Martinique Bistro's retractable patio roof makes for a pleasant dining experience, even in bad weather (Geoff Worden Photo).
This is the last in a series of articles about some special restaurants in New Orleans where you can get an excellent meal, drink some superb wines and/or cocktails and potentially revel in the appealing arrival of spring by dining al fresco. The idea is to treat yourself a bit during the big Louisiana Derby weekend.
Let me unabashedly declare my devotion to this place and the people that make it great. Martinique has deftly integrated classic French bistro food and Caribbean influences for 20 years and the “new” owners have now been in charge longer than the original founder.
Seasonal menu changes mean you can get in a comfortable rhythm for a few months before delving into new choices. Regular diners occasionally throw fits about favorites disappearing and this can lead to a recurring special. The spring version of the menu, nearly hot off the presses, expands to more of the French-influenced globe by including some Asian touches. There are divergent styles of cuisine on the menu but the dishes remain harmonious. It reflects the passion of the chefs and they can pull it off because they are actually cooking the food, not just designing a menu that reads beautifully only to have the execution fall flat. This is a hands-on operation. If you doubt this, go look in the window at the action - you can see the kitchen from the sidewalk.
Chef Eric Labouchere, a well-traveled, passionate fan of culinary exploration, was very excited about this menu when I visited last week, especially the Pan Roasted Gulf Grouper and the Chargrilled New Zealand Lamb Loin. The fish is served with a yuzu- lemongrass brown butter and is accompanied by edamame, fried rice noodles and pea tendrils. A tunisian couscous salad, spiced field peas and curried charmoula (a North African sauce) are matched with the lamb.
NEW ZEALAND LAMB LOIN
Mussels are always a good choice, presented as an “of the day” feature. The Escargots en Profiterole remain maybe my favorite anywhere, decadent and packed with flavor, you will mop up every drop of sauce. Salads are a strong suit here and the Roasted Ruby Beets would be a wise choice. My mouth is watering already for the Crispy Pork Belly & Duck Leg with, among other goodies, pimento cheese-corn pudding. Chef Ericʼs excellent sous chef, Nat Carrier, is on his second stint with the restaurant after some travel and a few years in Bayonaʼs kitchen.
Jennifer Sherrod has been running the front of the house and building the wine list for about 15 years. Her familiar, smiling countenance makes everyone feel at home even if it is their first visit. The wine list is well constructed but not overwhelming and they have a cellar, which happily means your bottle will be the right temperature! Wines by the glass are diverse and there are ten half bottles available as well in case your dining companion’s tastes donʼt match yours.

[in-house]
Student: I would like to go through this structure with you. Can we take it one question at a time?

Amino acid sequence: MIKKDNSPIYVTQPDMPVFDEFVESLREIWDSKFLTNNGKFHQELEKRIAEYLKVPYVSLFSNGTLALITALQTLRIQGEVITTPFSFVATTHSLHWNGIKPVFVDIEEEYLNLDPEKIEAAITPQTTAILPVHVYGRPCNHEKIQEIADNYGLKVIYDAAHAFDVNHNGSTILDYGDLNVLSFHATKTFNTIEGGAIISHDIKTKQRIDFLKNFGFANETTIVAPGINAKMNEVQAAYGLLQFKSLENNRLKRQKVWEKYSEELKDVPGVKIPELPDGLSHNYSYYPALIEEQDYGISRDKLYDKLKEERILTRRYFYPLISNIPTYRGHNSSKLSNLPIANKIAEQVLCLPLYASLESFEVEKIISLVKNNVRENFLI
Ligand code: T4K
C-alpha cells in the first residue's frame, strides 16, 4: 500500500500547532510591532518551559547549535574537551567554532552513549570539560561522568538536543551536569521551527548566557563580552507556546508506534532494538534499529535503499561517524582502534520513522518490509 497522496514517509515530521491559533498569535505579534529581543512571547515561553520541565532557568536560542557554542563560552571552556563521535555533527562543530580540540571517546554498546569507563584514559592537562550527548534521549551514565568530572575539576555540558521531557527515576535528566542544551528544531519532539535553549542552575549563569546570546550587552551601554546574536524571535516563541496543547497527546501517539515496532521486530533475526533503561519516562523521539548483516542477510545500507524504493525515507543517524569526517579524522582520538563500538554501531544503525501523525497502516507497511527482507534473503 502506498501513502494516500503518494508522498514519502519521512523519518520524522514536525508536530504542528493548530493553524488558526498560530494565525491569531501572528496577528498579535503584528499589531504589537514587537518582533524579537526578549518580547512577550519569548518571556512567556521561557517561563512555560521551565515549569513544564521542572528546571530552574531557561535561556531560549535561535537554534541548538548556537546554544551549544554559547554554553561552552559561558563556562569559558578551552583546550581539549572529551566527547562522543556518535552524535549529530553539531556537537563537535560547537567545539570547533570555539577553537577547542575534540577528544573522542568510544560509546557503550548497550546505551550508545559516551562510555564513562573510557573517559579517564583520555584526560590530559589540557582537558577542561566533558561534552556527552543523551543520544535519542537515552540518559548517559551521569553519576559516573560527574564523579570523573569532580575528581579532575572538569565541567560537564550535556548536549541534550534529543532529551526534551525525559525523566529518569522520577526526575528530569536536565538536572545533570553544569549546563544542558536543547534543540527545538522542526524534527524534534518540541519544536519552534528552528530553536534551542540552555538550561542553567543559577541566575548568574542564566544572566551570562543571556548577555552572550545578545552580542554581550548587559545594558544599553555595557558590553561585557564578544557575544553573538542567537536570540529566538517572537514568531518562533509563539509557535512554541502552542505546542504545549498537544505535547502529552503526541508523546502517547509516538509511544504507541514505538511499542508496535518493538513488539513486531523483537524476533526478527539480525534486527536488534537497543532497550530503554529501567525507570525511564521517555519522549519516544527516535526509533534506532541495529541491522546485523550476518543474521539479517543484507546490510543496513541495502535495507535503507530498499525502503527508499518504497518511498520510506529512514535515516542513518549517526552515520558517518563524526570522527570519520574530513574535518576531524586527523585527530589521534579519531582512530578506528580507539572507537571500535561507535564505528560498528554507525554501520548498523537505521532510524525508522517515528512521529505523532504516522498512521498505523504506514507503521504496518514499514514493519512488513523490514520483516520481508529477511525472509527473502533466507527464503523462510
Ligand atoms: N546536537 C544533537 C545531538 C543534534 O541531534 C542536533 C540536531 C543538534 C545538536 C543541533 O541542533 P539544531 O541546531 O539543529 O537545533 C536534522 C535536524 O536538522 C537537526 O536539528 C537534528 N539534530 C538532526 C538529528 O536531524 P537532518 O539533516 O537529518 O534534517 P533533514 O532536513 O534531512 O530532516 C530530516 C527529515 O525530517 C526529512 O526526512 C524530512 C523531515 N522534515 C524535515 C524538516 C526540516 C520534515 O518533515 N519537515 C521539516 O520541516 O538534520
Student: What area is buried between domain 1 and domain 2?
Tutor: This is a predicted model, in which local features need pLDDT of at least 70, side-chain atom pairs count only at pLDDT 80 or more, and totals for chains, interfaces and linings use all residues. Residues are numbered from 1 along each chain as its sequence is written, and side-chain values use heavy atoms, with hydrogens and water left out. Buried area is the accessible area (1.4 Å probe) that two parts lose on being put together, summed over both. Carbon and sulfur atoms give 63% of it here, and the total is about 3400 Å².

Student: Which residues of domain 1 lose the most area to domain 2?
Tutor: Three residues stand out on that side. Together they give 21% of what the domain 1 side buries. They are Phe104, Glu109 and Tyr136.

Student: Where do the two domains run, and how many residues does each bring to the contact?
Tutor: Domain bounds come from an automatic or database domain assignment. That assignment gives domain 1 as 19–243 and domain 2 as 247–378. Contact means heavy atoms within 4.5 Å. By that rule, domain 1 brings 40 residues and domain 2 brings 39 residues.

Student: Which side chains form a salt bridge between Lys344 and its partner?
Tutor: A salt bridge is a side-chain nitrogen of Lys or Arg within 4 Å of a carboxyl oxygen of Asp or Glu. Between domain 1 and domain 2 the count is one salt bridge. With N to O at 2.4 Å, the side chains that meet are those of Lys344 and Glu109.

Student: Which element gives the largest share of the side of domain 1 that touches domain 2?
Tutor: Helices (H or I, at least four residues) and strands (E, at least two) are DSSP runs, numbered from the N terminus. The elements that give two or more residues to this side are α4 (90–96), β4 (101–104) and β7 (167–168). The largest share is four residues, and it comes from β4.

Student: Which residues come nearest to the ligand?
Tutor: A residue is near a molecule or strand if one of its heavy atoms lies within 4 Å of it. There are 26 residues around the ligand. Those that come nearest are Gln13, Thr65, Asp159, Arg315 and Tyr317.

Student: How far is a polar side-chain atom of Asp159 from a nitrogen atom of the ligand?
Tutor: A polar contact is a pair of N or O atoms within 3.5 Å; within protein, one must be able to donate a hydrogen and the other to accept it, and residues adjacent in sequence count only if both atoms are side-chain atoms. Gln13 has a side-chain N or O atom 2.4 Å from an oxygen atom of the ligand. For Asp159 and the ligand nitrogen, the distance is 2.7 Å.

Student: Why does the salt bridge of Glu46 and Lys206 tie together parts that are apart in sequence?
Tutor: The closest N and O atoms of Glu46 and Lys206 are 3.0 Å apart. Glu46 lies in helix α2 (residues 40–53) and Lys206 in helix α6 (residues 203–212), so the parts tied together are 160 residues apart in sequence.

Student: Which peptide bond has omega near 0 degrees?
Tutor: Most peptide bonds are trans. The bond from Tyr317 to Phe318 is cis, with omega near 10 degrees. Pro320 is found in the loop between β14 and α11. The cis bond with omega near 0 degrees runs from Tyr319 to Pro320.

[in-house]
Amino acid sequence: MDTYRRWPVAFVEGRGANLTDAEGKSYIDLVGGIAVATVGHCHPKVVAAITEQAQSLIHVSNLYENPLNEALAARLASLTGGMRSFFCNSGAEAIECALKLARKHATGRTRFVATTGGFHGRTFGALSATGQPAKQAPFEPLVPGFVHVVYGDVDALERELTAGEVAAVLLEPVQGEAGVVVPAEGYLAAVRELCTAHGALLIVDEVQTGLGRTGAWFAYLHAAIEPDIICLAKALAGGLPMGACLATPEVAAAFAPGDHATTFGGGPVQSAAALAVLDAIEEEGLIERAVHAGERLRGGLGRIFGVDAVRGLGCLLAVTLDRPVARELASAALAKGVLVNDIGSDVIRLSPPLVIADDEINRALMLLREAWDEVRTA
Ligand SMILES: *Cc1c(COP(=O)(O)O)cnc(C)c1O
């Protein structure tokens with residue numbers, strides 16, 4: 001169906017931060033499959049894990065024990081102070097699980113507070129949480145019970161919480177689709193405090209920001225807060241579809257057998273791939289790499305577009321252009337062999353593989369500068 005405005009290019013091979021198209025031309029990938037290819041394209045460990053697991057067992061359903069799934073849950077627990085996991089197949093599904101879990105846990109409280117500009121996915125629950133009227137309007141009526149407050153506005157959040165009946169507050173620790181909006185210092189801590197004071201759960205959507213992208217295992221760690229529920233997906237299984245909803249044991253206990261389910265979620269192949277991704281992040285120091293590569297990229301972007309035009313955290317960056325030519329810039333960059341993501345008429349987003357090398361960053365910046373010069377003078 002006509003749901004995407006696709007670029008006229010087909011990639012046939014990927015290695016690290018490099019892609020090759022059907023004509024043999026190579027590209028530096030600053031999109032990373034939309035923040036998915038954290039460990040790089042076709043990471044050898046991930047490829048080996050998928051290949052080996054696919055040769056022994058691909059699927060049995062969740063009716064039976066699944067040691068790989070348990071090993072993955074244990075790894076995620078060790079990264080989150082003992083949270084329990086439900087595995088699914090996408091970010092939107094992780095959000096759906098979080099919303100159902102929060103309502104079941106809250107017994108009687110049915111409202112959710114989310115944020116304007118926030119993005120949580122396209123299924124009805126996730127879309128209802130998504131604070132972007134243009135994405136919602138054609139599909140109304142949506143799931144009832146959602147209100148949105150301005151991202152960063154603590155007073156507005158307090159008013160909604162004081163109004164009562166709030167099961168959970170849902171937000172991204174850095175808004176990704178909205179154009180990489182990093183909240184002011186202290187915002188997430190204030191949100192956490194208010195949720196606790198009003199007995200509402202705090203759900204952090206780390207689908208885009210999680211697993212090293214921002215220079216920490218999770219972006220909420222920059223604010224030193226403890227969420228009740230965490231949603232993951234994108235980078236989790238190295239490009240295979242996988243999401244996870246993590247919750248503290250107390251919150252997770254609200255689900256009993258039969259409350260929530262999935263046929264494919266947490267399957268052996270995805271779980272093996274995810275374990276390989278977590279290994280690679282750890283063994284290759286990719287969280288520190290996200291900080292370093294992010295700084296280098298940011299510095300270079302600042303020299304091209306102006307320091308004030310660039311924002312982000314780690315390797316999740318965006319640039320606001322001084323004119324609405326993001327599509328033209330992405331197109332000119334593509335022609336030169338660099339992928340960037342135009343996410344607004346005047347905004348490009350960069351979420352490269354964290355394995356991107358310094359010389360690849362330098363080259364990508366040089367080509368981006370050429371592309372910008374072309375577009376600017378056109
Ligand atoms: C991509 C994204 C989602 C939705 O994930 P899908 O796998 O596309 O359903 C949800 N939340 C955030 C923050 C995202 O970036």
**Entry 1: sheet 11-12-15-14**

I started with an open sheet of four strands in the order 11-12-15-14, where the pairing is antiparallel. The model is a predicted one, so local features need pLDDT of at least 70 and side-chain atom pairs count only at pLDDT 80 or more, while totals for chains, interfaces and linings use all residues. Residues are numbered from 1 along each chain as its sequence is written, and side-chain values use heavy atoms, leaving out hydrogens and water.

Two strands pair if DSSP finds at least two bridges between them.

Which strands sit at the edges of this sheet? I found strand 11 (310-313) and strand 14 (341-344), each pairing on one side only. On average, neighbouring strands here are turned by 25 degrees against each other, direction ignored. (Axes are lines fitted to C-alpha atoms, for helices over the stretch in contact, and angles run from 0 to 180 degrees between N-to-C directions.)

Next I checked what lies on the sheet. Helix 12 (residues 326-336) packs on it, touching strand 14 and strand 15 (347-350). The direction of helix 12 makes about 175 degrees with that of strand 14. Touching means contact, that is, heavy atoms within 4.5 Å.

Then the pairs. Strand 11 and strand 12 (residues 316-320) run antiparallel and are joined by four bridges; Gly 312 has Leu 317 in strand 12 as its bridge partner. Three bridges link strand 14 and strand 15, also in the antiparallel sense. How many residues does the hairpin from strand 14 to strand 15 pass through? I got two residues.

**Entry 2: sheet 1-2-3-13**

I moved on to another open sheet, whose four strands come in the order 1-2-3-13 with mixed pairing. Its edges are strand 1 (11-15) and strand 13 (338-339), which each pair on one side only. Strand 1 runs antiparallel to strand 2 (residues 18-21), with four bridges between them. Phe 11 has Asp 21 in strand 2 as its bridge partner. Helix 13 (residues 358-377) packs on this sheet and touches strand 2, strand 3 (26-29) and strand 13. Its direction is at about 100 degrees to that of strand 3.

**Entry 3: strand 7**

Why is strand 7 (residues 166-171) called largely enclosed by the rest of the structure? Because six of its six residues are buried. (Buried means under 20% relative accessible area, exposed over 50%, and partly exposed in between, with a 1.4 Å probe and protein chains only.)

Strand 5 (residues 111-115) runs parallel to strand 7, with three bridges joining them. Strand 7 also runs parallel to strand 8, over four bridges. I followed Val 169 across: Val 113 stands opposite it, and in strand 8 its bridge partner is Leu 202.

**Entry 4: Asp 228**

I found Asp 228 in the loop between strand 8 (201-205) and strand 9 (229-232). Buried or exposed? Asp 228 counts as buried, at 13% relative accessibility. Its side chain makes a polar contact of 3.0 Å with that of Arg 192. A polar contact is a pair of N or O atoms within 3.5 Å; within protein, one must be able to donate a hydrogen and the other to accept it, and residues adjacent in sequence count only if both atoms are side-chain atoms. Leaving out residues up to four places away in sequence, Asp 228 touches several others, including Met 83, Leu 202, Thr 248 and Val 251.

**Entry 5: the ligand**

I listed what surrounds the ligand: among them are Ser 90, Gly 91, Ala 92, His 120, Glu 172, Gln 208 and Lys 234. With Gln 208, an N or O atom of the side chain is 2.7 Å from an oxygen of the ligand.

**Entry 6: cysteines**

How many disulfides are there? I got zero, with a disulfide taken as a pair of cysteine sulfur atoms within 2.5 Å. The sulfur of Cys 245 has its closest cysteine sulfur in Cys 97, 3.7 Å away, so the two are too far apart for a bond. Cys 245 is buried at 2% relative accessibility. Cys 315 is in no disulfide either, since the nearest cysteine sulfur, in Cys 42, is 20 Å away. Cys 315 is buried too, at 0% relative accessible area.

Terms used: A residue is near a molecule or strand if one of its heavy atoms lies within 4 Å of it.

Au Bon Climat Pinot Blanc/Pinot Gris 2012 ($45) makes a great apéritif and the Stony Hill Chardonnay 2008 (yes, this wine is made to age - $84) is perfect with the escargot. Robert Sinskey wines nearly always are represented on the list and the 2010 Pinot Noir ($84) works wonders when surf and turf are on the same table. Marc Bredif Chinon 2011 displays similar magic at a lesser price ($38). Be sure to consider a cocktail before the wine, Jen often leads the creative charge here and always has some fun options.
Brunch is served Saturday and Sunday. Classic dishes are offered but with upgraded concepts. Have a Bourbon Milk Punch and then ease into some Grillades, braised pork loin with grits (a New Orleans staple) or Pig in a Hole, pork belly and duck cracklins in a corn johnnycake.
The high-walled patio has always been inviting but weather challenges it sometimes. If it starts to rain there is often no room inside as there are essentially as many seats outside as in. The restaurant erected a tent a few years ago that protected to a point but a recent upgrade might make this the best, and most reliable, outdoor dining experience around. They now have a retractable roof for their garden patio. I’m told that even during a steady rain, dining can continue uninterrupted - a lovely bonus for a storm-heavy city. The interior is lovely and intimate (very French) but there will be plenty of time for inside soon enough. For now, I crave the outdoors and Martinique Bistro satisfies that desire beautifully. I counted a dozen tables on the patio.